Of my grand­fa­ther’s sib­lings, two were at one time keep­ers: Ge­orge, and for a short time, Billy. I know lit­tle of Ge­orge, other than he worked for Lord Vi­vian as a keeper. Great un­cle Billy I knew very well, one of my all-time he­roes and without doubt the most re­mark­able man I have ever had the plea­sure of know­ing.


Pri­vate Wil­liam Arthur Whitby of 1st Bn. Nor­folk Reg­i­ment lied about his age and went off to South Africa to fight the Bo­ers. I spent hours talk­ing to Billy as a young­ster. I was ap­par­ently the only per­son he had re­ally spo­ken to about the South

African cam­paign, First World War or in­deed his in­volve­ment in the Second World War. Per­haps it was the in­no­cent per­sis­tence of youth that bought out his war ex­pe­ri­ences. What­ever it was, I re­mem­ber one state­ment above all else about the Boer War: “We were wrong, boy, we were wrong!”

Billy returned from the Boer War rel­a­tively un­scathed, but re-en­listed prior to the out­break of the First World War. Billy was one of the first Bri­tish ex­pe­di­tionary forces to meet the en­emy. He fought the du­ra­tion, and one can only be­gin to imag­ine the hor­rors he witnessed. Wounded twice, he spoke of Ypres, Hill 60, Vimmy Ridge and that name syn­ony­mous with hell: Pass­chen­daele. It was at Pass­chen­daele that he met up with his brother Guy, just prior to the at­tack. Guy was killed, his re­mains never found and his mem­ory is a white cross at Tyne Cot Me­mo­rial. After the bat­tle, another Tommy found Billy and told him he was with Guy when he died, that they were pinned down in a shell hole and Guy took a bul­let in the head, “strange how many peo­ple died from a sin­gle bul­let to the head”, Billy said. He was 93 when he died, smoked and drank rather heav­ily all his life, per­haps drown­ing scars. The day be­fore he died a slither of shrap­nel worked its way out of his ear, I won­der why it waited un­til the last minute?

Guy, by all ac­counts, was a re­mark­able man, a won­der­ful swim­mer, boxer, crick­eter and soc­cer player. He was in both grand­fa­ther’s and Billy’s words “as hard as nails”. He was also the ap­ple of his fa­ther’s eye, some­what sur­pris­ing con­sid­er­ing Great un­cle Guy was a renowned poacher. He promised to show my grand­fa­ther how to tickle trout in Bab­blingly Brook when he returned from France, so sadly, my grand­fa­ther never got to learn.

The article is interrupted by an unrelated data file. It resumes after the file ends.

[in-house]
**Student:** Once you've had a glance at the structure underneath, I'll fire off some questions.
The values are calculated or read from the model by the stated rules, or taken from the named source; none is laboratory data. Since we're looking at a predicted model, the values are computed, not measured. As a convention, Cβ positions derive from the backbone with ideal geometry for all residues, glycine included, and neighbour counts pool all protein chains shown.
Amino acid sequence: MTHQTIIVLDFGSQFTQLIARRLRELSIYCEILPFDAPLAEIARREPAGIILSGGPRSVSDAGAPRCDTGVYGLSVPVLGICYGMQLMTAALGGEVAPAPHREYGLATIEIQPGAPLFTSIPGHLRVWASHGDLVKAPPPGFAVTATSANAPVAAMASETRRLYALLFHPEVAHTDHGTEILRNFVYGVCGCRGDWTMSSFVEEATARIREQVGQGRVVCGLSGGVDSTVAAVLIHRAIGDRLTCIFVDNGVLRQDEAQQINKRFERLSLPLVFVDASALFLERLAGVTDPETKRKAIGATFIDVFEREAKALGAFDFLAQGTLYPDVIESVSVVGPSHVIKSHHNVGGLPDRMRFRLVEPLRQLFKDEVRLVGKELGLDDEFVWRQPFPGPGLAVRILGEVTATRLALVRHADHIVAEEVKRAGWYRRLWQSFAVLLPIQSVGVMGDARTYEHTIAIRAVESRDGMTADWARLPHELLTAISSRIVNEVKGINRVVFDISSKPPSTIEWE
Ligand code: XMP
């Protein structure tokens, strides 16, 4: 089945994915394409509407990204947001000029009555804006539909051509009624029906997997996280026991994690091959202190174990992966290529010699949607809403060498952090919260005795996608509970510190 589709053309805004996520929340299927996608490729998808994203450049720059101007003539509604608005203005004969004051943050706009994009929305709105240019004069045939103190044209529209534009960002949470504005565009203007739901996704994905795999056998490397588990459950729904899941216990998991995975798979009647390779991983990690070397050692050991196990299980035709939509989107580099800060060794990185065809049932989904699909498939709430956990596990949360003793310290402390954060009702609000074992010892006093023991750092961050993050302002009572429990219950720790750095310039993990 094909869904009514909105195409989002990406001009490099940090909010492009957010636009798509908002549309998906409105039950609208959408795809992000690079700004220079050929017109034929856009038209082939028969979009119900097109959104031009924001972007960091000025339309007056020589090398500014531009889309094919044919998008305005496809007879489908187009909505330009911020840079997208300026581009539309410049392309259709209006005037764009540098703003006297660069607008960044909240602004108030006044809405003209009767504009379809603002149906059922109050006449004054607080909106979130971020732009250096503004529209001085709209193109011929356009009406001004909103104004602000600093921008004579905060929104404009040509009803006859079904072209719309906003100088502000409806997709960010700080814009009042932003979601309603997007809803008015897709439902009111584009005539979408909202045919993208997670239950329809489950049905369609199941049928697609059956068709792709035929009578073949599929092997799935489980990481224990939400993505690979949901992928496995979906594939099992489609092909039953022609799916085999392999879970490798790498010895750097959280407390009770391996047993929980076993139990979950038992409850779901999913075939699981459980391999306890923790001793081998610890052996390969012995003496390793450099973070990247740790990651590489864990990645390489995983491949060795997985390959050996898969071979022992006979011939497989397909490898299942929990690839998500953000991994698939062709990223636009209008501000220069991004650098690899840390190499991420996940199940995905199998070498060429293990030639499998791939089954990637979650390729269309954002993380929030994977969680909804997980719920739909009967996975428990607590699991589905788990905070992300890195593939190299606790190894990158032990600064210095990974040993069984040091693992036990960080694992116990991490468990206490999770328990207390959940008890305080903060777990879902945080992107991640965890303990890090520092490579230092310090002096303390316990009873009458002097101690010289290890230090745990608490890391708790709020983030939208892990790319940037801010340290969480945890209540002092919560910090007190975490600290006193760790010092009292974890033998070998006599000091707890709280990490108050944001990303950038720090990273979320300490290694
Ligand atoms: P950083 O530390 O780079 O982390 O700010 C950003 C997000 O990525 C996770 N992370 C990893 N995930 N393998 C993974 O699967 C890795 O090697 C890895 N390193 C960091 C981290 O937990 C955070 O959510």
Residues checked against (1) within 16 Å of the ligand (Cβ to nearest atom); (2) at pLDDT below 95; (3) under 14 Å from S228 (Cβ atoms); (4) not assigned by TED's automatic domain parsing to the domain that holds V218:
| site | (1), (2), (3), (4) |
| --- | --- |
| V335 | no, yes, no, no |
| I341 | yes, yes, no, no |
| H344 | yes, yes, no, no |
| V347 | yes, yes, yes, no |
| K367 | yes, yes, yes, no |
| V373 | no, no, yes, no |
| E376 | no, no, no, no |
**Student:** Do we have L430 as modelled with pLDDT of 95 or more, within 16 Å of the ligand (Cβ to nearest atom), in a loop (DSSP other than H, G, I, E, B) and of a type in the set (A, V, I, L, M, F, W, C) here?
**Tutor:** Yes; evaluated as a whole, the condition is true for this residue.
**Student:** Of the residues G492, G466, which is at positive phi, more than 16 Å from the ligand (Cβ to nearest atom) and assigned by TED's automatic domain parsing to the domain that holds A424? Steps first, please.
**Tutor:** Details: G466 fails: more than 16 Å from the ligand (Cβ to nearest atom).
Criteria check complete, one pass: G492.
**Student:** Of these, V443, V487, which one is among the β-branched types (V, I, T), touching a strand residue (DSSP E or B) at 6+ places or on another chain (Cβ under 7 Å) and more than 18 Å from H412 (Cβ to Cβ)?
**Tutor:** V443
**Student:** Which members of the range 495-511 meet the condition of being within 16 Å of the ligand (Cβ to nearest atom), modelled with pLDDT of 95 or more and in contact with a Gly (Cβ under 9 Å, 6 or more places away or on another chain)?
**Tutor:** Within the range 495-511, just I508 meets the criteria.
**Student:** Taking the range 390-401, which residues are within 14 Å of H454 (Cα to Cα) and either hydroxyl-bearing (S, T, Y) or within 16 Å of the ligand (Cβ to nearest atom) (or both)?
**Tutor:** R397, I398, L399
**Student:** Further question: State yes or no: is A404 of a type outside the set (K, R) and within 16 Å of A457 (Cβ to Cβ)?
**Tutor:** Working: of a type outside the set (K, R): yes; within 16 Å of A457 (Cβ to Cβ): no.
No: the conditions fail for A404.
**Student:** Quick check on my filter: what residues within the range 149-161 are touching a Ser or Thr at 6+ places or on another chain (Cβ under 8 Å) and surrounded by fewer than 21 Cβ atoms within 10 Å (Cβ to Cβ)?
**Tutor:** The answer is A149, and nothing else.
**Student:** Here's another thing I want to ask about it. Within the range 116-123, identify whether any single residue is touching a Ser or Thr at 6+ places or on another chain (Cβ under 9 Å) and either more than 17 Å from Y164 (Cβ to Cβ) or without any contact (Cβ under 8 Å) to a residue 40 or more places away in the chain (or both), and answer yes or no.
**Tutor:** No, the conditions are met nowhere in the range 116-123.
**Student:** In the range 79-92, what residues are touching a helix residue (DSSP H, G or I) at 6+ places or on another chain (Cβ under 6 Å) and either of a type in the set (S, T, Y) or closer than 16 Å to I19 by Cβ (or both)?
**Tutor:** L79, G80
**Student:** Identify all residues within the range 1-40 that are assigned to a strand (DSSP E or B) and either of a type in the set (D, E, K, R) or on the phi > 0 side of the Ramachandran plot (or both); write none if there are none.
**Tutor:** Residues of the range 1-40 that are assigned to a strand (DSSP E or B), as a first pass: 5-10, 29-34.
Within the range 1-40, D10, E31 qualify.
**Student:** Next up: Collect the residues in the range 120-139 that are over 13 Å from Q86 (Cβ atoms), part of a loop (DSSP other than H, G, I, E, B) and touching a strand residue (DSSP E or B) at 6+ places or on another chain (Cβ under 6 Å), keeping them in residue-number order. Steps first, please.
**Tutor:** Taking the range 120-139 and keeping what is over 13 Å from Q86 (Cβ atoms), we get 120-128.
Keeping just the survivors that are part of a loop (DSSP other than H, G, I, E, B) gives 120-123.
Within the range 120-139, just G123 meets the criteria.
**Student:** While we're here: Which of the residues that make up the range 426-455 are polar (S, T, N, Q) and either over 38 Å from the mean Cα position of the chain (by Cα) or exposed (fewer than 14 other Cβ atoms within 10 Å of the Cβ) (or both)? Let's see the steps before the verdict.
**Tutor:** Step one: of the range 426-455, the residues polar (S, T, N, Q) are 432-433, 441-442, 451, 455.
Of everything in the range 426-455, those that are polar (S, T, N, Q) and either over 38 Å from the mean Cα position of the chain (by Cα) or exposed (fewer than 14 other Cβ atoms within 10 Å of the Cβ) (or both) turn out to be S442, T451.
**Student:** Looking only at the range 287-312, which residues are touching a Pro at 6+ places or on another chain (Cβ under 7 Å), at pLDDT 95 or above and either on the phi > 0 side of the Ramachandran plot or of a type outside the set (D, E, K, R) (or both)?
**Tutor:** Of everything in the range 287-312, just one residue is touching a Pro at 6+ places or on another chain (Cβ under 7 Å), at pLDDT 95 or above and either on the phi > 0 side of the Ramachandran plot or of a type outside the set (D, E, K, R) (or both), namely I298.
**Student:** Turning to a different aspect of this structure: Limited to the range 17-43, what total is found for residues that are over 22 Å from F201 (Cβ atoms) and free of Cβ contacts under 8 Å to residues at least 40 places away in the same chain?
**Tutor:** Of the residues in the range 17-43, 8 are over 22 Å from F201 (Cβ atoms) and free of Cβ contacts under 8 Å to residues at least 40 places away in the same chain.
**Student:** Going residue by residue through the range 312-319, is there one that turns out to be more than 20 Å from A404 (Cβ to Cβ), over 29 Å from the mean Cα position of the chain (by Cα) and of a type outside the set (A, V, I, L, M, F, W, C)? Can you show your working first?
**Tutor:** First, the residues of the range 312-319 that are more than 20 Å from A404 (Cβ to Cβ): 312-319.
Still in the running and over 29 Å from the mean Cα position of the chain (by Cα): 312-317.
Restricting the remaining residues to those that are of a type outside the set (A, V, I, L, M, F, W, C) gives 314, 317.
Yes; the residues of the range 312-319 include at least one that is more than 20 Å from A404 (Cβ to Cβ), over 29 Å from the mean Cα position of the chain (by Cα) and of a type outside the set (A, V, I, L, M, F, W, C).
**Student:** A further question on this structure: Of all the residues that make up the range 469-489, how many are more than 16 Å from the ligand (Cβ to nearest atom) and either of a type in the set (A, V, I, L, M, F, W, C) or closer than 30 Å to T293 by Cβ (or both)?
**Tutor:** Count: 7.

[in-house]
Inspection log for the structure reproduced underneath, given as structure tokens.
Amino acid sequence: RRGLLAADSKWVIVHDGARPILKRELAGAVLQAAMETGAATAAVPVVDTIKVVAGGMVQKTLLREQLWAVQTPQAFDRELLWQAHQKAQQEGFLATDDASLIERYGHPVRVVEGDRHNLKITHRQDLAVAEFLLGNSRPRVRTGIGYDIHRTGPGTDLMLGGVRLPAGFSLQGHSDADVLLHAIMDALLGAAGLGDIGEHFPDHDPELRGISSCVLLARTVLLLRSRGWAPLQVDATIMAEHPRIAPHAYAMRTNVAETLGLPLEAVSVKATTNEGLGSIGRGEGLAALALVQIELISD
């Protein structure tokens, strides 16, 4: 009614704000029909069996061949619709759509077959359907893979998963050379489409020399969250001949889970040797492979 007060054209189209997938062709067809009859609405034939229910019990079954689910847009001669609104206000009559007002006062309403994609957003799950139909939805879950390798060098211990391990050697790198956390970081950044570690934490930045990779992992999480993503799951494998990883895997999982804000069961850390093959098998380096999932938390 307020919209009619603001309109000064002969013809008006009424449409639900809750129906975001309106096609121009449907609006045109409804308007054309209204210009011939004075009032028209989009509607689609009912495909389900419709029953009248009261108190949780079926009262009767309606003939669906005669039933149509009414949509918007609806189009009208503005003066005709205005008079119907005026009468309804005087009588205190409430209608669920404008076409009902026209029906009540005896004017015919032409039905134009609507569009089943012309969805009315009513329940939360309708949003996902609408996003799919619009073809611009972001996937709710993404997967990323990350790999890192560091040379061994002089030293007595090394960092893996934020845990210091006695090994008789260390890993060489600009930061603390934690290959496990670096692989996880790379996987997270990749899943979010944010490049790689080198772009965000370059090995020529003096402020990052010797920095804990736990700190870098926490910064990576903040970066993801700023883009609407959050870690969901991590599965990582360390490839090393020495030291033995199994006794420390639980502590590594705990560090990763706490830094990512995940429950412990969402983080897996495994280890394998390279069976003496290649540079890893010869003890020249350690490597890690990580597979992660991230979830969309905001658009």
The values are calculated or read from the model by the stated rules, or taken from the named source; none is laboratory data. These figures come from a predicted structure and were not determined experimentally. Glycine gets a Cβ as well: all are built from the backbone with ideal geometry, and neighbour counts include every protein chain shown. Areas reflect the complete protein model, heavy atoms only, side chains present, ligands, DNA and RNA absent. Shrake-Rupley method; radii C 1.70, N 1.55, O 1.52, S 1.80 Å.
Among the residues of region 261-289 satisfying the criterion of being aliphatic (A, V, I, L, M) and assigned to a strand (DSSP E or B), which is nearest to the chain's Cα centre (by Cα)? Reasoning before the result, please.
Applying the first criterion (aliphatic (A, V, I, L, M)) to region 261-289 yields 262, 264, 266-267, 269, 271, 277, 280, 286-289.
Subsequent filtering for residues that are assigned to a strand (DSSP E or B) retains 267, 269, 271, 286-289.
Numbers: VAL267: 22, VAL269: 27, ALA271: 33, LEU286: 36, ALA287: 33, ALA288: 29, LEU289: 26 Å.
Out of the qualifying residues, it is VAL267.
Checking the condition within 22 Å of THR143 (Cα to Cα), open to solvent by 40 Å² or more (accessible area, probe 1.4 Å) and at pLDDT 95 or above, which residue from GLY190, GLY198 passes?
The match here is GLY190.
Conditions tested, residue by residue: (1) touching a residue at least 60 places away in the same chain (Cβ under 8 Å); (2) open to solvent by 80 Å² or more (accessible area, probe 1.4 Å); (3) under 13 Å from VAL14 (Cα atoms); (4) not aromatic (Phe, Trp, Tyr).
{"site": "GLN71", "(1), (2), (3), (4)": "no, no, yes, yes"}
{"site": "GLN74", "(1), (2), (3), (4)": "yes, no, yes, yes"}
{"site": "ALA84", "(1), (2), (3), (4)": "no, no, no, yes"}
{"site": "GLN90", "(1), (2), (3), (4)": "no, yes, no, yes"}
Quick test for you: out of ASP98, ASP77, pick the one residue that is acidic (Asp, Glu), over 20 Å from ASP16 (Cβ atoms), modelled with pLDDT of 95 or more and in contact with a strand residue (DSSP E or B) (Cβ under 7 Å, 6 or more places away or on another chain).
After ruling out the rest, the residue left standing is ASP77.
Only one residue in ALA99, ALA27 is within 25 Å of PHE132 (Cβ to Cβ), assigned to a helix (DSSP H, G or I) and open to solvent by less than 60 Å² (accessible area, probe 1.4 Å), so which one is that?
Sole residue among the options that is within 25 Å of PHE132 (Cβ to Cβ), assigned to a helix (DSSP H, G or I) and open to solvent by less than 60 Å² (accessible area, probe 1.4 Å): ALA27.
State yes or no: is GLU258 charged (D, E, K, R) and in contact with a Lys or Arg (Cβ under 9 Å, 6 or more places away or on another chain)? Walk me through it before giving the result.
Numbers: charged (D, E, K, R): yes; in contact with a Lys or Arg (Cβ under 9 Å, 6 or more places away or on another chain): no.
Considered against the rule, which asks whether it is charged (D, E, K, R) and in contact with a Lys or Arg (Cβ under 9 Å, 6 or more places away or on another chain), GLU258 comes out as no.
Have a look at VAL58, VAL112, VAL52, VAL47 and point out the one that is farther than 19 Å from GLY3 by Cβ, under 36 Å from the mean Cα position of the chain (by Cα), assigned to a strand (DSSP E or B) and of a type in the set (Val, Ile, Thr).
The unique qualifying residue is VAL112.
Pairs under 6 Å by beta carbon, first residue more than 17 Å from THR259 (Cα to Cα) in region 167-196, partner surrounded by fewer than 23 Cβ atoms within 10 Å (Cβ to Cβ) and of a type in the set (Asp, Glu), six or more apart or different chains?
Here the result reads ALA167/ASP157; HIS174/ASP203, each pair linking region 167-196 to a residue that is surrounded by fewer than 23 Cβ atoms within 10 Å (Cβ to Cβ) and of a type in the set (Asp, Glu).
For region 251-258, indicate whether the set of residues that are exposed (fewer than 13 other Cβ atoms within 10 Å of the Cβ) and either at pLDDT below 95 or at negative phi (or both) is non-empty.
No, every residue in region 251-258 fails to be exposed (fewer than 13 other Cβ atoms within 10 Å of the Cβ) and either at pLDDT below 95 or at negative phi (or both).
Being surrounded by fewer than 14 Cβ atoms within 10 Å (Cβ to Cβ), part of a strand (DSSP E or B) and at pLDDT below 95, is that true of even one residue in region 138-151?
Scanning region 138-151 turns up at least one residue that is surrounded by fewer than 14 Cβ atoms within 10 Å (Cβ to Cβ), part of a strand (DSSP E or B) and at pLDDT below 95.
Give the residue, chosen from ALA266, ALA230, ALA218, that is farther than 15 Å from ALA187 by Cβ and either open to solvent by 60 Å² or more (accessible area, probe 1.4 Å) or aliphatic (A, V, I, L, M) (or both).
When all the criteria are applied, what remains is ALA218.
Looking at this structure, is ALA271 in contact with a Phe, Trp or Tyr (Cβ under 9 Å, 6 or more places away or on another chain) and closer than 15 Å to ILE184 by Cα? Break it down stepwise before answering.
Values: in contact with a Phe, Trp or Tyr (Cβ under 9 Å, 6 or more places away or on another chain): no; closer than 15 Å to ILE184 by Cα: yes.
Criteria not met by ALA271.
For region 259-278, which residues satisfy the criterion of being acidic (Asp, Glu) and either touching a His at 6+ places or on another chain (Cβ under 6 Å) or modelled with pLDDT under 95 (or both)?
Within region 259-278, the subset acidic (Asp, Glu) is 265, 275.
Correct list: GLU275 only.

There are no more Whitby game­keep­ers in the of­fer­ing, but thanks to their up­bring­ing, both my sons are ecol­o­gists, some­thing that I am ex­tremely proud of. My step­son is, how­ever, train­ing to be a keeper, a clas­sic case of that ‘peer in­flu­ence’ I would sug­gest. Due to start his fi­nal year at Sparsholt, his hope is to work with wild or bantam-reared birds and deer. I wish him all the luck in the world, as shoot­ing faces a very un­cer­tain fu­ture.

So, there we have it, a pot­ted his­tory of my game­keep­ing an­ces­tors. Am I proud of what they did, of course I am. Would they be proud of what I do? Dif­fi­cult to say. They cer­tainly would not recog­nise the Bri­tish coun­try­side. They would won­der where grey par­tridges, lap­wings, curlew and so many other species had dis­ap­peared to. They would be ut­terly dis­mayed at preda­tor numbers and though big bags may not have been a stranger to them, I won­der what they would make of the beast that game shoot­ing has mor­phed into.

Great un­cle Billy, left, en­tranced the au­thor with his Boer and WW1 sto­ries.

The au­thor's great grand­fa­ther as an old keeper at Ken Hill. The au­thor's great grand­fa­ther is in the front row, third from left, pic­tured with a group nick­named ‘The Vel­veteens’.

The au­thor's great un­cle Ge­orge, who keep­ered for Lord Vi­vian.